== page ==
Chris Bosh

Chris Bosh is just chillin’, getting ready to play center

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Chris Bosh is a pretty chill dude. Even at media day.

After coming back sooner than he should have to be a key part of the Heat’s title run last season (he changed the Boston series and was key against Oklahoma City), he had to spend the rest of the summer getting over the abdominal strain he suffered dunking a ball against the Pacers in Round 1.

How did you do that, Mr. Bosh? (Via Ira Winderman of the Sun Sentinel.)

“I chilled a lot, that’s about it.”

He then said he was the best at being chill. I’m not really going to argue that. He chilled while Team USA was winning gold in London without him. He was chill while other players were grabbing headlines. He was just himself.

He’s not expected to be chill on the court for the Heat, he’s expected to be a center. Which wasn’t the plan when he came to Miami — he was going to be a four. But, turns out the Heat had LeBron James and he dominates at the four, so in the free-flowing Heat system Bosh slid over to the five.

He says he’s accepted it (again via Winderman).

“I made my peace with it, I want to be one of the best fives in the league.”

“My advantage is my quickness against other 5s. I’m not going to bang down low, play like Shaq. Because I’m not.”

Playing the five for the Heat is not quite the same, anyway. They play a “positionless” system where anybody can take any role in the offense — you can post up a guard and have Bosh out at the three-point line. Bosh likes that (Winderman).

“Not only does it work, but it’s a fun style to play.”

It does work, and until somebody figures out how to stop it the Heat they remain the team to beat in the NBA.

Boston’s Marcus Smart gets flopping warning from NBA

BOSTON, MA - OCTOBER 17:  Marcus Smart #36 of the Boston Celtics looks on during the second quarter of the preseason game against the Brooklyn Nets at TD Garden on October 17, 2016 in Boston, Massachusetts. NOTE TO USER: User expressly acknowledges and agrees that, by downloading and/or using this photograph, user is consenting to the terms and conditions of the Getty Images License Agreement.  (Photo by Maddie Meyer/Getty Images)
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Boston’s Marcus Smart is one of the league’s more notorious floppers.

He was at it again Monday night against the Houston Rockets — and the league called him on it and gave him a warning.

It happened on the game’s final play — you were probably focused elsewhere, wondering how Al Horford could miss the game-winning layup. But watch Smart as he gets in position for the rebound on that shot.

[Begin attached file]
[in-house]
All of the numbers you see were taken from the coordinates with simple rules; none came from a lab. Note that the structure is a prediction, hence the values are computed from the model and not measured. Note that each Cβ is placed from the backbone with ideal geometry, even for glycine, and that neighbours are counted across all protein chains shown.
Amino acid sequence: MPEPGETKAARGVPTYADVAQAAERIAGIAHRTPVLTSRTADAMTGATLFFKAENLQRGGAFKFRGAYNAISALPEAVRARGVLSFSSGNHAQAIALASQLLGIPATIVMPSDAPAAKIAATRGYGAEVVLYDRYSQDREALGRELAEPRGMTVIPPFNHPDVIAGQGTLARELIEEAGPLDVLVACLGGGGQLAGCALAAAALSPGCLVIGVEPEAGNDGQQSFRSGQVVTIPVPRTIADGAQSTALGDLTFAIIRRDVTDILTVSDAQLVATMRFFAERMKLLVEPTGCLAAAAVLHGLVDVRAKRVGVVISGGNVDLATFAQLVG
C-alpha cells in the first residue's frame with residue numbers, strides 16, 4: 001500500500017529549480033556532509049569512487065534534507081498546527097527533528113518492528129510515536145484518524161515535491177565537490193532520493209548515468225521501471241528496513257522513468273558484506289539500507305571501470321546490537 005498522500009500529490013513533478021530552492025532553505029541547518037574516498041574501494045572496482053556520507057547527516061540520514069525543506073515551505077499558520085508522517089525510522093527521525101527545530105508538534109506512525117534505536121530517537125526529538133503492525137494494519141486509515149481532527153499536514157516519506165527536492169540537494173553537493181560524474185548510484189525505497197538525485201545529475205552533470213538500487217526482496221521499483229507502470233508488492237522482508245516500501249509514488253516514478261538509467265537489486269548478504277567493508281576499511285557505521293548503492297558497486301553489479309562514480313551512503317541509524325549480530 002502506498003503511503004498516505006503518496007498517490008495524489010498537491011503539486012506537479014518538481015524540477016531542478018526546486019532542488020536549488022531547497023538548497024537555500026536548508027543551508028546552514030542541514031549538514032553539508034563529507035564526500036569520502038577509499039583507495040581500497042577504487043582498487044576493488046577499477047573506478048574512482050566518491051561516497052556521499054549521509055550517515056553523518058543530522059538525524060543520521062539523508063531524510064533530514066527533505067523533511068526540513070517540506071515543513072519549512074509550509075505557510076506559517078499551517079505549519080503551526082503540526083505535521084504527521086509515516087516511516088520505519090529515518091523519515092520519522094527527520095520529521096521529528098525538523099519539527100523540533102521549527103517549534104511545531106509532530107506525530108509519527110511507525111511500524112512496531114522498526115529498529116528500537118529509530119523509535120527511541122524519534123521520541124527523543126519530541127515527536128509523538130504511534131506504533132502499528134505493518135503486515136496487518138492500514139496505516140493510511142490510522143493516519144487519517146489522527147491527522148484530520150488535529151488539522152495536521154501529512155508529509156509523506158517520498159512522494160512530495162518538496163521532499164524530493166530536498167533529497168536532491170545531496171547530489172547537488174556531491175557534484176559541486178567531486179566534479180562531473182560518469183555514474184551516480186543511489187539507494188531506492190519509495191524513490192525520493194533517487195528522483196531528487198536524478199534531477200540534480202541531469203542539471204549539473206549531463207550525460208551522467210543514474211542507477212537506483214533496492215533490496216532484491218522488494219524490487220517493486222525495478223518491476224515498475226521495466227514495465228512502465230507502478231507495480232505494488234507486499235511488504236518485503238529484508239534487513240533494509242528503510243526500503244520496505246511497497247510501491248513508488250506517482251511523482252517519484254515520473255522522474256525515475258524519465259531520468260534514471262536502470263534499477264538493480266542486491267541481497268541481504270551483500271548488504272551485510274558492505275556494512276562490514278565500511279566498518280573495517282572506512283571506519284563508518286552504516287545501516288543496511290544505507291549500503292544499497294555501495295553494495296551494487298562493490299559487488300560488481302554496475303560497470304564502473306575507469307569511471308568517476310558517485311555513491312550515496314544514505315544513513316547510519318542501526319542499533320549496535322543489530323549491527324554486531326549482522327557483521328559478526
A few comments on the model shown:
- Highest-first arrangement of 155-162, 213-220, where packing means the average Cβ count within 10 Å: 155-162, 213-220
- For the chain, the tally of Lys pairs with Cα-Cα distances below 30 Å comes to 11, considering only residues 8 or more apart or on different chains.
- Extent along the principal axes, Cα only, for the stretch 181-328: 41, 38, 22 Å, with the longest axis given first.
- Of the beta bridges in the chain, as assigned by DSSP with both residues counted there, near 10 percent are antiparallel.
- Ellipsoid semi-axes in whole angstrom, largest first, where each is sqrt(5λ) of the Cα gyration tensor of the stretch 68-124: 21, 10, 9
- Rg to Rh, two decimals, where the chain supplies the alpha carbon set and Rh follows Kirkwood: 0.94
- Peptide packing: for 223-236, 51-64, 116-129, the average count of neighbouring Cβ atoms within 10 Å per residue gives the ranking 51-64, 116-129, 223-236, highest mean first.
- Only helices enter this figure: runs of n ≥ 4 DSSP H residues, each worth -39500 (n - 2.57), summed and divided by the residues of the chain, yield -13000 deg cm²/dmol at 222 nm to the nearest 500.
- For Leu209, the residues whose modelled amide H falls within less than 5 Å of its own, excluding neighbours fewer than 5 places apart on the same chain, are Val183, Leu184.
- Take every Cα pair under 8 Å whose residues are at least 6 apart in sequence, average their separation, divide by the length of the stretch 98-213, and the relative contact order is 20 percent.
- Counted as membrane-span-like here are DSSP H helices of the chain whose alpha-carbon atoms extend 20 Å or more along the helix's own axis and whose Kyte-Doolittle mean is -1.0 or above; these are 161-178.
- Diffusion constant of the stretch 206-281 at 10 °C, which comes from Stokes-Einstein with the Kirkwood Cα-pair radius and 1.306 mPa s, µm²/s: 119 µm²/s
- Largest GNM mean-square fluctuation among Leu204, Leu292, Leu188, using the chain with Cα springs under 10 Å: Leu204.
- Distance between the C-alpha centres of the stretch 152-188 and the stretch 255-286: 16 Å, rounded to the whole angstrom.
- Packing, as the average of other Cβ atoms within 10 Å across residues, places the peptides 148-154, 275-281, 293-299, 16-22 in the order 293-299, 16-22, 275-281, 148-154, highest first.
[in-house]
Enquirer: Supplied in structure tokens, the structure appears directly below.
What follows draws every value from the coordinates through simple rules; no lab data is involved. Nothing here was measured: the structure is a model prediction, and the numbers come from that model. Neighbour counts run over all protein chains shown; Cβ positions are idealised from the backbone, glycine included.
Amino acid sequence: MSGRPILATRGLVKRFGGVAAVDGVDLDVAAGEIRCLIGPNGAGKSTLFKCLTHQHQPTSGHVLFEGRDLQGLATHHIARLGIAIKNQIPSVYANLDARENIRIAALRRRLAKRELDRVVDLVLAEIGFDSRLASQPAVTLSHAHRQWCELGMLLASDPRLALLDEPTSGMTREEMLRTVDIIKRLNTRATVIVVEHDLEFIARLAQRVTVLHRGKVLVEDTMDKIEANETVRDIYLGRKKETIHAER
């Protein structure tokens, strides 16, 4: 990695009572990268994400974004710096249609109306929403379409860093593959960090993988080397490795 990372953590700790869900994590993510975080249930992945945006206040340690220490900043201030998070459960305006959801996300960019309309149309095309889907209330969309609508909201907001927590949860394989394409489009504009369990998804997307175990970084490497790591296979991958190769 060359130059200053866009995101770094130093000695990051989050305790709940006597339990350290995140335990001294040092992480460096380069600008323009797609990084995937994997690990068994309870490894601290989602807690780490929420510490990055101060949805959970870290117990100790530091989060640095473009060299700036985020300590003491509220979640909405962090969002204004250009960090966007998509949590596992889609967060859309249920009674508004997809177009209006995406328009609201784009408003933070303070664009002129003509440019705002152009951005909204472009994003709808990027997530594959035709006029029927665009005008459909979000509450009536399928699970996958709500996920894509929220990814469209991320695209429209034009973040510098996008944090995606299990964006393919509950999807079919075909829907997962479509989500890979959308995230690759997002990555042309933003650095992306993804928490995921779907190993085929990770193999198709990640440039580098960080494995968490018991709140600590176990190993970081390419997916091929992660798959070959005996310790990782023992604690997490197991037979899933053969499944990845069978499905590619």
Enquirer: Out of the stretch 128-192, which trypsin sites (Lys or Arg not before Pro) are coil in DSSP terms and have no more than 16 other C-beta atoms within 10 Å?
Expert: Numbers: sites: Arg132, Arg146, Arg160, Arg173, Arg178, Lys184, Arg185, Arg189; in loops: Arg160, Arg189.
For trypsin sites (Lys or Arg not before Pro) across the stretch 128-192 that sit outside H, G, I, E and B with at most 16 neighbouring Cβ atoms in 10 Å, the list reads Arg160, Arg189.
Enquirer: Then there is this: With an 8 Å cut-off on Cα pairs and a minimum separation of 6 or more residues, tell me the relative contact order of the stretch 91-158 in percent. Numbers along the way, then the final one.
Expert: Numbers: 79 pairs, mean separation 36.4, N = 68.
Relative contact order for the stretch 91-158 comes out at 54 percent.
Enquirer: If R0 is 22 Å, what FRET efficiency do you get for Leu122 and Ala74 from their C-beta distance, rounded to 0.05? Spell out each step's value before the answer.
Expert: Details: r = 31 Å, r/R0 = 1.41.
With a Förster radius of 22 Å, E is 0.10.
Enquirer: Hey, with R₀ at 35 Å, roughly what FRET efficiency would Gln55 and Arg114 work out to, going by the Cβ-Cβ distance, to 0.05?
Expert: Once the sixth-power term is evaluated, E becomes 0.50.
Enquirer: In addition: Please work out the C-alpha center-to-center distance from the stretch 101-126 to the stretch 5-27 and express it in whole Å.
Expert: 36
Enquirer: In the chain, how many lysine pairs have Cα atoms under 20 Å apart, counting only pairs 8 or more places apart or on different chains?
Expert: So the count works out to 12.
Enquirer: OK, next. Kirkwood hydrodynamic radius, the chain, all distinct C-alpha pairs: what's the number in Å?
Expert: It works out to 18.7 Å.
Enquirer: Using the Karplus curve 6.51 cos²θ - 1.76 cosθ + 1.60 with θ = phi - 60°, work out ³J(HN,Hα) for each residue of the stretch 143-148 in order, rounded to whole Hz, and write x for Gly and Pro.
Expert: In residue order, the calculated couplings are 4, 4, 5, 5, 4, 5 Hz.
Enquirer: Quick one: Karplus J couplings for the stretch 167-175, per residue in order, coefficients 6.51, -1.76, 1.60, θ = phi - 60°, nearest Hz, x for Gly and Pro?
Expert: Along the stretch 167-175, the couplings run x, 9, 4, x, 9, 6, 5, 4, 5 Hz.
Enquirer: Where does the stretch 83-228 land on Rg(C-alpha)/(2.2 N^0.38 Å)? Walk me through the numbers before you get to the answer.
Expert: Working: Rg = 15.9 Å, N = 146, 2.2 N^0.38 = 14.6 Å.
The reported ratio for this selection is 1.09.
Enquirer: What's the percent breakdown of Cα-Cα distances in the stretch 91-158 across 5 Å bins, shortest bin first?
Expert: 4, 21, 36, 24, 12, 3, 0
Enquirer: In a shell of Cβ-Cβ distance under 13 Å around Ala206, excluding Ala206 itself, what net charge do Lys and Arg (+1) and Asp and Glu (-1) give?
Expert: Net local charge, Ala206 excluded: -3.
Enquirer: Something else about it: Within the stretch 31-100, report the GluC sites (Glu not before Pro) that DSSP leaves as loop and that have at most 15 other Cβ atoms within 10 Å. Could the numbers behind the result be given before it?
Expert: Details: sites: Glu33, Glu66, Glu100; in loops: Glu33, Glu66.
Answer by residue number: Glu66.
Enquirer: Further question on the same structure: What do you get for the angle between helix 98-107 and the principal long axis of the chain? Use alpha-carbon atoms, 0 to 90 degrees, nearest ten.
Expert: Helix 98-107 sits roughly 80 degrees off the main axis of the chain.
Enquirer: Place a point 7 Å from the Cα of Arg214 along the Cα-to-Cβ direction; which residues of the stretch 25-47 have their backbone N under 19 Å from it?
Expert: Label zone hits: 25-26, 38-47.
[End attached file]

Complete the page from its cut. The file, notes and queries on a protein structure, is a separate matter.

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The referees didn’t buy it then.

This warning is barely a slap on the wrist. If — in his case, when — Smart gets caught a second time this season he will get a $5,000 fine from the league. Smart is making $3.6 million this season.

Happy birthday Larry Bird. We celebrate with some highlights.

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Larry Bird — the Celtics legend, three-time NBA champion, three-time MVP, 10-time All-NBA — turns 60 on Wednesday.

We celebrate by looking back at his 60-point game March 12, 1985, against the Hawks (video above, and yes that game was played in New Orleans).

Want more Larry the Legend highlights? We got you covered.

Hawks’ Mike Scott sent to D-League on rehab assignment

ATLANTA, GA - SEPTEMBER 26:  Mike Scott #32 of the Atlanta Hawks poses during media day on September 26, 2016 in Atlanta, Georgia.  (Photo by Kevin C. Cox/Getty Images)
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ATLANTA (AP) — Atlanta Hawks forward Mike Scott is expected to play at least two games in the NBA Development League as he comes back from a knee injury that kept him out of training camp and the first 18 games of the season.

Scott played 15 minutes for the Delaware 87ers in Tuesday night’s loss to the Santa Cruz Warriors. He scored four points on 2-of-7 shooting, missing all four of his attempts from 3-point range.

Hawks coach Mike Budenholzer says the D-League is the best way for Scott to get “meaningful, competitive minutes” after undergoing a non-surgical procedure on his left knee.

Scott has played three games for Atlanta since his return. In 28 minutes, he has two points on 1-of-9 attempts, to go along with eight rebounds and six assists.

Watch Kyle O’Quinn throw alley-oop to Carmelo Anthony

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Carmelo Anthony isn’t young anymore, but he had the bounce to go get this one.

These were your two best players for the Knicks in their win over Miami Tuesday. Kyle O'Quinn was forced into action earlier than expected when Joakim Noah went on a fouling spree in the third quarter, but O’Quinn played well in the role. ‘Melo dropped 35 on 27 shots — he’s not as efficient as he once was, but he can still get some buckets.

The Knicks picked up a needed win, because they play a back-to-back Wednesday against the Cleveland Cavaliers and a ticked-off LeBron James (New York will pay the price for Phil Jackson’s “posse” comments with a motivated LeBron Wednesday).